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Can someone tell me what the exact differences are between the Pierce and the Colpitts oscillator?

I've read in wikipedia that the Pierce oscillator is a derivative of the Colpitts oscillator, but I am not sure what the difference is and what advantages we have when we move from Colpitts to Pierce.

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The Colpitts, Pierce and Clapp oscillators comprise ...

  • a resonant circuit consisting of two series capacitors and an inductive element (an inductor, or a crystal, ceramic, MEMs or series LC resonator operating on the inductive side of resonance)
  • an amplifier arranged around it to maintain oscillation

The main distinguishing point about the Pierce oscillator is that it has the mid-point of the capacitors grounded. This allows the amplifier to be a two-port inverting type like a logic inverter gate, ideal for integration with logic devices, rather than a three terminal device like a transistor that needs biassing.

A Colpitts oscillator always uses an inductor. When operated with a resonator in the inductor position, it's called a Clapp oscillator.

Both Colpitts and Clapp oscillators can be arranged with different terminals grounded, so the transistor is used in 'common base', 'common collector', or 'common emitter', with the first two appearing to be more popular.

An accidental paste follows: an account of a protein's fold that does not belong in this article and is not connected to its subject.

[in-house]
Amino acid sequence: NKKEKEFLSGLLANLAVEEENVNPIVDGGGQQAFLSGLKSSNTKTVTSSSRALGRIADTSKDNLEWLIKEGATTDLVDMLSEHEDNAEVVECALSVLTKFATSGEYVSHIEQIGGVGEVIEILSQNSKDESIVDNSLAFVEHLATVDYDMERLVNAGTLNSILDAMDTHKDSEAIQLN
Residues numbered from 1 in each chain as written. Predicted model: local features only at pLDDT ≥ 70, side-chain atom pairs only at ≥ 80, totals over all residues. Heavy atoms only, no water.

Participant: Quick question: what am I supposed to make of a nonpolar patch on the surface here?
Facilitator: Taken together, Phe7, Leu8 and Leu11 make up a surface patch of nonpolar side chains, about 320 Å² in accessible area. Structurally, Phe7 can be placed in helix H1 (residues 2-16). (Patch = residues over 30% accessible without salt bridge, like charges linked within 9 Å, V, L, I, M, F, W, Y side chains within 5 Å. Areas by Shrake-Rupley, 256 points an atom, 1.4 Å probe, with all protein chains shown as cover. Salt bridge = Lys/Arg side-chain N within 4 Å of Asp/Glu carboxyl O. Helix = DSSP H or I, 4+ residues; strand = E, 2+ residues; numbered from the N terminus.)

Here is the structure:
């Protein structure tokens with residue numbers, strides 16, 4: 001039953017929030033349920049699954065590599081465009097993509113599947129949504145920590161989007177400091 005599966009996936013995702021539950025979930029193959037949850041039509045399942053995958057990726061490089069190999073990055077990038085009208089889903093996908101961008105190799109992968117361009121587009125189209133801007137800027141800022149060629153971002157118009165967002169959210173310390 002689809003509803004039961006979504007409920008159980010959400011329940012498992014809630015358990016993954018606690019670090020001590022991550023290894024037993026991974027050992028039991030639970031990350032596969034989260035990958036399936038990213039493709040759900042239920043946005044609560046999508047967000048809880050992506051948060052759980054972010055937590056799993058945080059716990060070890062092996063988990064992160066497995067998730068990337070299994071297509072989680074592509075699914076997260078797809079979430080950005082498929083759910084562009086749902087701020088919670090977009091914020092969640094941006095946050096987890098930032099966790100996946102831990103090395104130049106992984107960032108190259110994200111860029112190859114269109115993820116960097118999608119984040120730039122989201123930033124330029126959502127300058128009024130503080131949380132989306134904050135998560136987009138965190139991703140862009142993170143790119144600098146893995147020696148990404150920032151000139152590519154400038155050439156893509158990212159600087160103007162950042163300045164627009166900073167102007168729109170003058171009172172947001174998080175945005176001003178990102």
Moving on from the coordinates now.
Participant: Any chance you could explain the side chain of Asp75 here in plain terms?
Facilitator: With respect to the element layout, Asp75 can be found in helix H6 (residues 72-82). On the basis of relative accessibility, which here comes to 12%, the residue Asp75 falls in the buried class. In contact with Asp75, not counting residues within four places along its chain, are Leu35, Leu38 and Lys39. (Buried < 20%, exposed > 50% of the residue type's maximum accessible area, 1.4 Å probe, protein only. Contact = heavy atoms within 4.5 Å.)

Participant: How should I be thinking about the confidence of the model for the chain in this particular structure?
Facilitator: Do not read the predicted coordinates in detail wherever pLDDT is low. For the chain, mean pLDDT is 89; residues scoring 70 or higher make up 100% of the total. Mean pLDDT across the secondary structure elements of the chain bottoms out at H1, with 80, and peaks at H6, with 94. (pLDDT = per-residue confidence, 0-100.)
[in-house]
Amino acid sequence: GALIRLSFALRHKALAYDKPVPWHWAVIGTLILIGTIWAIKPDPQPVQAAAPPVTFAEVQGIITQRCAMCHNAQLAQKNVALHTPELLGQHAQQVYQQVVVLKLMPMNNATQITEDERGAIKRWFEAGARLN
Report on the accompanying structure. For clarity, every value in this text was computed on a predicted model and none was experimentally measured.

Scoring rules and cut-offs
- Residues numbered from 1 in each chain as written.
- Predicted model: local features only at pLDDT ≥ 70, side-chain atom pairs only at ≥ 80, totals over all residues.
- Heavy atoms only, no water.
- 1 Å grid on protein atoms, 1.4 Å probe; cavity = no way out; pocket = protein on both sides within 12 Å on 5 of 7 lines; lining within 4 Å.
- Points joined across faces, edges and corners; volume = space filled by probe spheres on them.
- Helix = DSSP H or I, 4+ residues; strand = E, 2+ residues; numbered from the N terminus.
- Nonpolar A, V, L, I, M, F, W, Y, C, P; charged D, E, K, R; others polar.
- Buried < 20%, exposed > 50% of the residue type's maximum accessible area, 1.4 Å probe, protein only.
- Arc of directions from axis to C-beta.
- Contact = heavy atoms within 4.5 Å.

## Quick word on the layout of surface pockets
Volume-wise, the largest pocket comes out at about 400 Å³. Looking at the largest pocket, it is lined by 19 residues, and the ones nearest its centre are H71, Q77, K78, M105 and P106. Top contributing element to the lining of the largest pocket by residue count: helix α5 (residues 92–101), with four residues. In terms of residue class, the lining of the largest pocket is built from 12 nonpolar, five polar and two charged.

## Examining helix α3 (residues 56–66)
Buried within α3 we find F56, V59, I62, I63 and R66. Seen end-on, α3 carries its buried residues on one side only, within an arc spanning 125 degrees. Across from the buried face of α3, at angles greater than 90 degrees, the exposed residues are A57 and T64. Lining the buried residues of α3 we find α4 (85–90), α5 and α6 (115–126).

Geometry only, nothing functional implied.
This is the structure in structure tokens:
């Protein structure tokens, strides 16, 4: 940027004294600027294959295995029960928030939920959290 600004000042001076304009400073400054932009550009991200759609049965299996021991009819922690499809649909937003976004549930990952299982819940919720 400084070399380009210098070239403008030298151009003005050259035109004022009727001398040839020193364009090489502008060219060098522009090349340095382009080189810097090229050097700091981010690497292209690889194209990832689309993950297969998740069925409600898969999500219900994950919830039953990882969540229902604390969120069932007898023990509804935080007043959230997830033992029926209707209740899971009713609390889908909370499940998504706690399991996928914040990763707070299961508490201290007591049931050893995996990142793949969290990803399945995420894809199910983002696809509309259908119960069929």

There are incidental differences in the use of the oscillator types. Fine frequency/phase stability of a logic clock is not often required, so the amplitude control of a Pierce clock is done by allowing it to slam against the rails, giving it poor power supply and amplitude noise rejection. A radio receiver OTOH needs quiet signals, and will use a transistor biassed so that it goes into emitter cutoff each cycle, far quieter than the alternatives.

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  • \$\begingroup\$ In some places, I've seen that colpitts oscillator use only LC components and transistors only. Whereas, pierce oscillator do not use inductors and they make use of a quartz crystal. So, the colpitts oscillator does not use a crystal? \$\endgroup\$
    – user220456
    Jun 30, 2022 at 7:55
  • \$\begingroup\$ @Newbie You can use a Colpitts with a more general inductive element, though then it would tend to be called a Clapp oscillator. \$\endgroup\$
    – Neil_UK
    Jun 30, 2022 at 7:58
  • \$\begingroup\$ Oh, is there any other difference other than the one mentioned in your answer? \$\endgroup\$
    – user220456
    Jun 30, 2022 at 7:59
  • \$\begingroup\$ @Newbie OK, I've tightened up the logic of the answer. \$\endgroup\$
    – Neil_UK
    Jun 30, 2022 at 8:10
  • \$\begingroup\$ Thank you for the answer. I've accepted the answer! \$\endgroup\$
    – user220456
    Jun 30, 2022 at 8:14

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